Three different IM applications emerged during the 70s and 80s that would serve as the basis for present-day IM. The first, called a peer-to-peer protocol, allowed for communication between two users of the same computer. As developers created a means of networking computers, so did programmers behind the peer-to-peer protocol system; now, users from across campus, or in some instances, across town at a sister facility, could access these two-way, text-based messages without being logged on to same PC.
In 1983, Mark Jenks, a Milwaukee, WI, high school student, built "Talk," a system which allowed students at Washington High School to access a first-generation system of digital bulletin boards, social networking rooms and the ability to private message other users. The application, also known as a talker, required users to sign-in to the network-based application using a handle or screenname. In short order, talkers began popping up across the country, hosted on private business and school networks through the mid 90s.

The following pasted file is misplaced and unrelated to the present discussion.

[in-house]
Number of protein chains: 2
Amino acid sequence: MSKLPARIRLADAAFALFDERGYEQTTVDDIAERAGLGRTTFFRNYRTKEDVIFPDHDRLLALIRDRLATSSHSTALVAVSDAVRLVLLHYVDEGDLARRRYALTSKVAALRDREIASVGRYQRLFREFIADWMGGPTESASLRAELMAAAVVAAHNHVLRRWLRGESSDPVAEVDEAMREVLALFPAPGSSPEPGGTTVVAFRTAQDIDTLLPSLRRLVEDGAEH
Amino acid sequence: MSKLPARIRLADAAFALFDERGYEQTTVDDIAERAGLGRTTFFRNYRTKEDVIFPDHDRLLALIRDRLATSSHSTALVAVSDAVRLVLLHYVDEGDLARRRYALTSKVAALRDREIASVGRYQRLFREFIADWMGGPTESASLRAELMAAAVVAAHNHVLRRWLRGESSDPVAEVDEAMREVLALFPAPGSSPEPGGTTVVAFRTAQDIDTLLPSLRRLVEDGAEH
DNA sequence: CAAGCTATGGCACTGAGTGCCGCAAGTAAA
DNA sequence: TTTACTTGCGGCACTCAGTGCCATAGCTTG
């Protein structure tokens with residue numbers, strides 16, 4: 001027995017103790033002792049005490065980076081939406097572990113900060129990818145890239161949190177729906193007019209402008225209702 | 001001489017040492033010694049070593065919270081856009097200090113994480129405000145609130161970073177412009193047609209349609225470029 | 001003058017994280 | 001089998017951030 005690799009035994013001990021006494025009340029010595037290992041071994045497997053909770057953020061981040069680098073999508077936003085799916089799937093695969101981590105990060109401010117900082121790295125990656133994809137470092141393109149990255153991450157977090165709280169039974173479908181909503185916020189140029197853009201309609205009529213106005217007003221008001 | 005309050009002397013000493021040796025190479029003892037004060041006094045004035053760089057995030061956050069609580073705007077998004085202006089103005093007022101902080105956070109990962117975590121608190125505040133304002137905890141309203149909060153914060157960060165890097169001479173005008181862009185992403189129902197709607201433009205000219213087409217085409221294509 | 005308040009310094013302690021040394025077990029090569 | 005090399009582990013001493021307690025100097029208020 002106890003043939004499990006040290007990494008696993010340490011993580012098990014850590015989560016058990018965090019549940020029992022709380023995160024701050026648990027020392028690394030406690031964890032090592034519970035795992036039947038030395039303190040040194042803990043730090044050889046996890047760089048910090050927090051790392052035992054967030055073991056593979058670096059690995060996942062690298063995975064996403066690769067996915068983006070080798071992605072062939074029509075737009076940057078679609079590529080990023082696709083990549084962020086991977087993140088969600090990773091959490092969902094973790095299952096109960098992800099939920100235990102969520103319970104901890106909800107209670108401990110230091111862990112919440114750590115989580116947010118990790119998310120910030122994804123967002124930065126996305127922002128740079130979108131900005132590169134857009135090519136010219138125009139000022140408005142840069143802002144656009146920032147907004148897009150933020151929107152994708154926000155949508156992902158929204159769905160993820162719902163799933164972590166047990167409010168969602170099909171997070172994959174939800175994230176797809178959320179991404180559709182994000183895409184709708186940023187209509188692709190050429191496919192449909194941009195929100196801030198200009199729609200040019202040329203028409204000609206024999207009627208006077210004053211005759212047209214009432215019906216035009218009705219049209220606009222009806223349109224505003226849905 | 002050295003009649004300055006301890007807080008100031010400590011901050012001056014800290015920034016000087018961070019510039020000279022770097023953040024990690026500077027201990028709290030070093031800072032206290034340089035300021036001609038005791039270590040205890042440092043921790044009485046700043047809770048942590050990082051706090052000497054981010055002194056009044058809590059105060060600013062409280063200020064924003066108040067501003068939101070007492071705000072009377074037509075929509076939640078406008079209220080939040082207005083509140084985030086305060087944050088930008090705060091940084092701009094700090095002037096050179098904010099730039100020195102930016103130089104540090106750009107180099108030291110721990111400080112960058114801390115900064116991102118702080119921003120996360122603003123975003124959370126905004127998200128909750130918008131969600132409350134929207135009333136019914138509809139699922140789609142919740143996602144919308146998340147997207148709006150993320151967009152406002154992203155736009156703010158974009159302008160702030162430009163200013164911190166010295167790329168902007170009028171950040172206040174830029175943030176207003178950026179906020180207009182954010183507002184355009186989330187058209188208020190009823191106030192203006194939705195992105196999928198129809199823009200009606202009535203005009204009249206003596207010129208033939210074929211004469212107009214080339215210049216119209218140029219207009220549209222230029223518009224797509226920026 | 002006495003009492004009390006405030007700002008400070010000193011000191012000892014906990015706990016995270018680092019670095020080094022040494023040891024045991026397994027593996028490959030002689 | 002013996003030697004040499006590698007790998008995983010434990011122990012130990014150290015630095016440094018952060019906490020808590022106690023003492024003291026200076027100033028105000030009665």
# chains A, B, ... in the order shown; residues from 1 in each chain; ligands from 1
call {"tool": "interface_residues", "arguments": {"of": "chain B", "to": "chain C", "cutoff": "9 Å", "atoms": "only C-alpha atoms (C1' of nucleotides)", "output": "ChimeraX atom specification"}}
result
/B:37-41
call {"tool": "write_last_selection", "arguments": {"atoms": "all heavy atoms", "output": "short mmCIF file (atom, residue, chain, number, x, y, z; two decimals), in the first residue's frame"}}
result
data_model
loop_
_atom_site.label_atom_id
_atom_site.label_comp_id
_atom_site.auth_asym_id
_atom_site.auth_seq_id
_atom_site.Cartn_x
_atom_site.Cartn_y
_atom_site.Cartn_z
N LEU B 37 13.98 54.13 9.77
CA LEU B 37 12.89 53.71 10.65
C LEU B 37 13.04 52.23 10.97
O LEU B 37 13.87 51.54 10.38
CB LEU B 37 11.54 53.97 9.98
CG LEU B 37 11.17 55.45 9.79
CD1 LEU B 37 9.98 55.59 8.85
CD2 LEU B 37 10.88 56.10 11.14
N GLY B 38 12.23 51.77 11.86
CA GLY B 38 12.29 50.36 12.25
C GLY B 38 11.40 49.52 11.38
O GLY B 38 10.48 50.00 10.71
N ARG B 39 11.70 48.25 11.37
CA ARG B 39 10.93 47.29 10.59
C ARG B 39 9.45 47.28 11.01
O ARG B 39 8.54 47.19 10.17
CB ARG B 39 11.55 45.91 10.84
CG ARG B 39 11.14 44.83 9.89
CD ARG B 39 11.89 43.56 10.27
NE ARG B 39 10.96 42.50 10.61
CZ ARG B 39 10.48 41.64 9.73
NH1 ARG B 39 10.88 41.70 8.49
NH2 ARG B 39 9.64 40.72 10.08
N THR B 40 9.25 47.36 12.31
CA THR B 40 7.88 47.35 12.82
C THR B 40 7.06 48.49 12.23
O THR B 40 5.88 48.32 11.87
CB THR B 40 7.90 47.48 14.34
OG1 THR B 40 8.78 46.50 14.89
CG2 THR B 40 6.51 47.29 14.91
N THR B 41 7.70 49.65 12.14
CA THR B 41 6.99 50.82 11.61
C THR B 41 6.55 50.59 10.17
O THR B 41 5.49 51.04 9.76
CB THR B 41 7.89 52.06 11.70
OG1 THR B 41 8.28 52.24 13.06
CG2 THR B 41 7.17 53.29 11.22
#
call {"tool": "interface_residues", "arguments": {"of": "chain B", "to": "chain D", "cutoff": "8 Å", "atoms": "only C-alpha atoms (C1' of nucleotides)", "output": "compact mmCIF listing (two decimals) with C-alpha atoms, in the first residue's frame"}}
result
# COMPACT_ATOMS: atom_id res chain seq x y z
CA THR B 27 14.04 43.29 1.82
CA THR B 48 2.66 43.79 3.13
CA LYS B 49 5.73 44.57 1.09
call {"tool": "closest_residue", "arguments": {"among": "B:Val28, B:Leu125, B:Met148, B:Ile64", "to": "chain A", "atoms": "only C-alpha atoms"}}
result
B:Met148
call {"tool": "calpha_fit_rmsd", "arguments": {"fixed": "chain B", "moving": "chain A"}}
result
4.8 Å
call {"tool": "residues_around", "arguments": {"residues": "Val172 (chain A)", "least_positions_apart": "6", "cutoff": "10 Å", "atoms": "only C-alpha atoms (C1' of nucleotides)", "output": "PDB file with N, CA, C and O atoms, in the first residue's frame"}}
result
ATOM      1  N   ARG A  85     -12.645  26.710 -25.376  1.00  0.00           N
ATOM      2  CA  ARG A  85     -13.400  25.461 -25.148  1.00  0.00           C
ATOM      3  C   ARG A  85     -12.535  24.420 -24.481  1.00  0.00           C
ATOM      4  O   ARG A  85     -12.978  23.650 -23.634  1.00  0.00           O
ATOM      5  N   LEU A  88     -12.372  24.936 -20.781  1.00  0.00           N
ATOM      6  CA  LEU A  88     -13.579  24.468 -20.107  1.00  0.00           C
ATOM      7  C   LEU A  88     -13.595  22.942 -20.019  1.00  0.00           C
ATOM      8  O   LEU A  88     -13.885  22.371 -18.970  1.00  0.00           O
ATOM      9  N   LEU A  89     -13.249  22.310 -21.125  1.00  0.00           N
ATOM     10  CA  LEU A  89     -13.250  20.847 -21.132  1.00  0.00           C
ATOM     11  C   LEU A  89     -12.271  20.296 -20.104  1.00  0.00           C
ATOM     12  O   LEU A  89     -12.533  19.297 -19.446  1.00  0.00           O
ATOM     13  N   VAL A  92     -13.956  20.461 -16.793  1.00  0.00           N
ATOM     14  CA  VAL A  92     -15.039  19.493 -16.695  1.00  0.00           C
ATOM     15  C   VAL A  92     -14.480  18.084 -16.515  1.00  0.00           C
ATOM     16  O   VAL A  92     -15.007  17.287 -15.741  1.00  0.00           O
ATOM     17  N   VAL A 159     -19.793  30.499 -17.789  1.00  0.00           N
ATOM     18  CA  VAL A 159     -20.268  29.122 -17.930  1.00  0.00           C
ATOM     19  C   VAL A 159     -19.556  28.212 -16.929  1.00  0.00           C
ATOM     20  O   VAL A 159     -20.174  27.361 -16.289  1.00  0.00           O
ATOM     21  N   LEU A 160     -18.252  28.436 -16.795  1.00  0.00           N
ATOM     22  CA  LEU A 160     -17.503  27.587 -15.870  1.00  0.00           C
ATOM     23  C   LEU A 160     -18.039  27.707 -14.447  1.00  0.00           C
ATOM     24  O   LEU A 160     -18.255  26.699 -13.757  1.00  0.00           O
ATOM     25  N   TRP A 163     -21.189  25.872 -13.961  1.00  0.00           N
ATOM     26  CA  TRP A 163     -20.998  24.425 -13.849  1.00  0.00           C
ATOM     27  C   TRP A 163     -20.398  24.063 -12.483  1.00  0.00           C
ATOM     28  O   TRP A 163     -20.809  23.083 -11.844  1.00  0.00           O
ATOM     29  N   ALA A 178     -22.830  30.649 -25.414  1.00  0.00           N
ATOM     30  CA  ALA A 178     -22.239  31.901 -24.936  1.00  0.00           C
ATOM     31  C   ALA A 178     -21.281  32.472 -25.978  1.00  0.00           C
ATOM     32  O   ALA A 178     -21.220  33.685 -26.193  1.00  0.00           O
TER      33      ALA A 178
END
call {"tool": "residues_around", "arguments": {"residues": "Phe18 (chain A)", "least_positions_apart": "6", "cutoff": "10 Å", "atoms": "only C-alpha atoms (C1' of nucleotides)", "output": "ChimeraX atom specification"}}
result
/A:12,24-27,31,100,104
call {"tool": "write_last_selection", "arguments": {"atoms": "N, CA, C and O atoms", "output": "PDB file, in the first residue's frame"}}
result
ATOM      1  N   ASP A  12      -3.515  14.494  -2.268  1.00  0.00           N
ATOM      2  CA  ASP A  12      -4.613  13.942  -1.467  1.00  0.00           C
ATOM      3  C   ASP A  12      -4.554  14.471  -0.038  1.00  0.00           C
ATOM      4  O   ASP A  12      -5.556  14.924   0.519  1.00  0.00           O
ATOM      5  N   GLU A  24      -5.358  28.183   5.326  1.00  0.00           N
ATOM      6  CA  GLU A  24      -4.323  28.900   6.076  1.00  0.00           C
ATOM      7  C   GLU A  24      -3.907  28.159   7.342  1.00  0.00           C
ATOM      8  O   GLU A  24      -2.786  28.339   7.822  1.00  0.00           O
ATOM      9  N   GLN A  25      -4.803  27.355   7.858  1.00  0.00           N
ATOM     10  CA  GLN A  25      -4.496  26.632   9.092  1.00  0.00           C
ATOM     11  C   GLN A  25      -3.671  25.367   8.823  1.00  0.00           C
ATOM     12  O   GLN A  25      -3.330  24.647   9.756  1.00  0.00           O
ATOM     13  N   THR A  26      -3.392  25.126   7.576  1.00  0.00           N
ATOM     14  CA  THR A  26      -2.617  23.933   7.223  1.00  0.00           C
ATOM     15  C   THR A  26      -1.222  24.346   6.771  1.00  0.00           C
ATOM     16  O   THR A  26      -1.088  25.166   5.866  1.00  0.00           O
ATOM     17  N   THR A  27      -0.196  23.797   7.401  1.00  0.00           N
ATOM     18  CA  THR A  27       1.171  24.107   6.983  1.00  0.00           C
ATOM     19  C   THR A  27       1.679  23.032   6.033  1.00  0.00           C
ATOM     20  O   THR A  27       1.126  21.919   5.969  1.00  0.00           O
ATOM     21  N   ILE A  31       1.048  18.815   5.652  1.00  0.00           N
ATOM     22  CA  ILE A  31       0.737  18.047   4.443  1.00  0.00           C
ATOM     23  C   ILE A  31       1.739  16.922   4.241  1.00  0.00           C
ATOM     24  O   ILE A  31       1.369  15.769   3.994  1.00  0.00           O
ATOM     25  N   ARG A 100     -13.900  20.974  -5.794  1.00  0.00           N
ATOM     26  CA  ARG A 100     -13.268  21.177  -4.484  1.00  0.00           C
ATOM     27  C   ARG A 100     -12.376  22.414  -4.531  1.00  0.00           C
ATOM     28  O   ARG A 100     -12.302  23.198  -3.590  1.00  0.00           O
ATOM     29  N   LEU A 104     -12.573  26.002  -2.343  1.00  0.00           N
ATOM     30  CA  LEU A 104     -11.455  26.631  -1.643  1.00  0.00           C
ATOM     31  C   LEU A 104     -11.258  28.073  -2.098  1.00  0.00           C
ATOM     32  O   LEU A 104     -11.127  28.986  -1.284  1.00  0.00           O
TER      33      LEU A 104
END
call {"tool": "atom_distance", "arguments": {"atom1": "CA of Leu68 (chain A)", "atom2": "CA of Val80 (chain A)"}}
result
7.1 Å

Similar in nature, Internet Relay Chat, or IRC, helped expose the journalism industry to the potential Internet communications could be. Created by Jarkko Oikarinen in August 1988, IRC allowed users to chat in multi-user groups known as "channels," send private messages to other users and share files through a data transfer system.
However, the need for IRC changed on August 19, 1991, when a coup d'état attempt was staged on the capitol of the Soviet Union. The opposition, a group of Communist Party leaders protesting a recent union treaty negotiated by Soviet president Mikhail Gorbachev, prevented journalists from reporting on the events through an opposition-enforced media blackout. Without the ability to send news via television or through wire services, journalists turned to IRC to garner information on the offensive from colleagues and eyewitnesses in the field. The application was also be used by journalists to share news during the Gulf War.